A sense of great urgency, after years of postponement, propelled
me to write this memoir. With the passing of my parents' generation many facts
of everyday life under the Nazis and the German people's feelings about the Nazi
experience are already lost forever. Firsthand accounts by the average,
law-abiding, middle-class German who helped sweep Hitler to power and then
supported him to the end are becoming a rarity. yet the seemingly petty details
of these people's lives are actually often symbolic and always telling. They
illuminate the societal transitions from pre-Nazi, to Nazi, to post-Nazi, and
from a post-World War I to a post-World War II mind-set. In the continuing
struggle to understand the past -- both personally and as a lesson from history
-- these details are too important not to be recorded and thus preserved.
Of course historians have written countless volumes documenting
and analyzing Hitler and the Third Reich. Biographers, survivors, perpetrators,
diarists in hiding, and novelists have presented the stories of Nazi criminals
and power brokers; famous scientists and artists who either "went
along" or were killed or forced into exile; politicians and military
leaders of the era; and, powerfully so, the victims of the Holocaust and all
others who suffered the horrors of the concentration camps. Yet even now, when
enough distance from these events allows and even welcomes accounts of the Nazi
era and the war from the German perspective, little has emerged about the daily
lives of German families who considered themselves moral, honorable, and
hardworking and whose adult members expected to live decent, respectable lives.
It was those adults, those ordinary citizens, who most wanted to forget the past
once the Nazi years were over and who preferred not to recall their
participation in the Third Reich.
It was left to the next generation -- my own -- to seek to
discover what people thought, knew, and chose to do and how it was possible for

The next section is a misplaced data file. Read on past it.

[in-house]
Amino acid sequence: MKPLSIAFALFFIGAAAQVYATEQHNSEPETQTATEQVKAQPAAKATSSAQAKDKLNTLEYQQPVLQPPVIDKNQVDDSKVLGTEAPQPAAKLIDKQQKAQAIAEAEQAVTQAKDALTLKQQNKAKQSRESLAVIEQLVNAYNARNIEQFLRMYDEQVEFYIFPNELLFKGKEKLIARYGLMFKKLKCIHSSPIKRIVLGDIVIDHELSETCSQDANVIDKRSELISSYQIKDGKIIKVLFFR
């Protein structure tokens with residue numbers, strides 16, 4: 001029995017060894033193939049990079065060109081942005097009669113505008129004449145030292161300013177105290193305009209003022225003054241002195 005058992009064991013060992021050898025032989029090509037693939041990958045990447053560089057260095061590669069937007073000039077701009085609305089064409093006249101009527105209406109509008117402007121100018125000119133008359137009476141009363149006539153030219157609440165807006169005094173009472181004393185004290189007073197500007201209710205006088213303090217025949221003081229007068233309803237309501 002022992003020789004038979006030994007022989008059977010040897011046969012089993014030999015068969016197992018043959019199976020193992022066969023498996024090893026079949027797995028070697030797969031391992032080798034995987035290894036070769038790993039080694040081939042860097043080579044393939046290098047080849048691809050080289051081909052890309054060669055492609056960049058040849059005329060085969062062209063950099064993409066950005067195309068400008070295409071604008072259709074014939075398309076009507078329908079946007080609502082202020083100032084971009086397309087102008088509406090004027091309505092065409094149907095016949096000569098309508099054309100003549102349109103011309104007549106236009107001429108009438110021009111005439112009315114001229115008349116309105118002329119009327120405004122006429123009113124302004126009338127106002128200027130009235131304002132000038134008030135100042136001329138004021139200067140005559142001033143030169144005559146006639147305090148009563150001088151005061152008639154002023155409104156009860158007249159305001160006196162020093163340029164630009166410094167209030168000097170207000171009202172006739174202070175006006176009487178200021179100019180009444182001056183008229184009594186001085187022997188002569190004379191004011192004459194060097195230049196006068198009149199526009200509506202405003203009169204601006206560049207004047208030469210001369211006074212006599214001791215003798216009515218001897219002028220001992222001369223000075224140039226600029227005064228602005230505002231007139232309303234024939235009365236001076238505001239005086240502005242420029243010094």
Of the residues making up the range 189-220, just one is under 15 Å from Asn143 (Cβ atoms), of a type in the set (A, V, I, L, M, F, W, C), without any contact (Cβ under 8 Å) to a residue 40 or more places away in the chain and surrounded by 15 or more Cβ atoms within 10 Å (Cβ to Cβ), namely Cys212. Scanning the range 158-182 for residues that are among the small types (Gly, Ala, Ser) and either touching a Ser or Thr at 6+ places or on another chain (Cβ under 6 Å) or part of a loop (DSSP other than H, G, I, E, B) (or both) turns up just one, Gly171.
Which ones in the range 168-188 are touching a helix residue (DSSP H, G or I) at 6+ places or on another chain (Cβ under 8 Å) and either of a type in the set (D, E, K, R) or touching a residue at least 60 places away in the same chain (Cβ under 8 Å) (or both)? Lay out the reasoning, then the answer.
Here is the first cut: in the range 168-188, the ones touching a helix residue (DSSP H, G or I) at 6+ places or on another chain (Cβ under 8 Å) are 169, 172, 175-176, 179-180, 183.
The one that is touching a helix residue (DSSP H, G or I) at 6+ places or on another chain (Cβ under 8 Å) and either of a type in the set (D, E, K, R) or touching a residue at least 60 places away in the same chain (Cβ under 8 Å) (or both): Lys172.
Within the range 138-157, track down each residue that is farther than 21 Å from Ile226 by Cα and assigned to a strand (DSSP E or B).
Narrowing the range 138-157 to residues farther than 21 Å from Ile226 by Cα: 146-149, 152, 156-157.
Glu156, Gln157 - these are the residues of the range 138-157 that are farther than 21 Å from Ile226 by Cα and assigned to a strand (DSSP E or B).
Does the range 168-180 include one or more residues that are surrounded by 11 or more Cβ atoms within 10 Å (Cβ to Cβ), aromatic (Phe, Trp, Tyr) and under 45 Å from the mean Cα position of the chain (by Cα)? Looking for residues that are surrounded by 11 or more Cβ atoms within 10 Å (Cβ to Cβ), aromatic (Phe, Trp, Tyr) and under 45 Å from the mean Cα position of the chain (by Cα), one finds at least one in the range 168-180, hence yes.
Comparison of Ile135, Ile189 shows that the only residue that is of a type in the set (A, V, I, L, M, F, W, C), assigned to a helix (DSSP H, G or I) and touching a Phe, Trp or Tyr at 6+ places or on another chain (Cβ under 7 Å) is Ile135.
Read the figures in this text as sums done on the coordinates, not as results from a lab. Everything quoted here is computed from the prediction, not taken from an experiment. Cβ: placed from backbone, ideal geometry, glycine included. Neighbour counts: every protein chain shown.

Hitler to receive their silent cooperation and often enthusiastic support. A
universal answer may never be found, but perhaps an examination of just one
family, mine, can provide additional understanding of what paved the way to
Hitler's success and led to wholesale disaster.
I grew up in the beautiful mountains and villages of
Berchtesgaden -- a wide, multibranched valley located in a part of Bavaria that
juts like a thumb into the Austrian Alps. I was born there in 1934, a year after
my parents had voted for Hitler and he had assumed power. Hitler had chosen
Obersalzberg, a hamlet above Berchtesgaden, as his home and headquarters. His
presence on that mountain stamped my early years with a uniqueness that could
not be claimed by other middle-class children elsewhere in Germany. The mountain
loomed large over every aspect of my childhood in this highly visible and public
place, in the shadow of the Eagle's Nest and near the lair of men whom the world
would come to view as monsters.
How does one remember early childhood events? Once I began the
task of thinking back, I realized that my childhood memories have to a great
degree remained vividly and indelibly imprinted on my mind. I was a very
curious, somewhat critical child, and according to my aunt, I had a precocious
talent for eavesdropping and spying. For lack of entertaining or varied media
offerings and other diversions, the people of Berchtesgaden, including my family
and friends, thrived on local gossip, word-of-mouth news, and repeatedly told
tales. The grown-ups talked and I listened, building a reservoir of recalled
stories, rumors, and commentary about all that came to pass in my town during
the years of Nazi rule. Until it was quietly buried in 1946, the account of my
meeting with Adolf Hitler was so much a part of our family lore that I committed
every detail to memory even though I was only three and a half years old when
the incident occurred. Since this is not a history but a memoir, my personal
perceptions and hindsight have of course been allowed to color the happenings.
Nonetheless, these impressions and perceptions that inevitably reshape memory
give an accurate picture of the essence, the mood, the impact of any given event
during those years.
The foregoing is excerpted from On Hitlers
Mountain by Irmgard Hunt. All rights reserved. No part of this book may be
used or reproduced without written permission from HarperCollins Publishers, 10
East 53rd Street, New York, NY 10022
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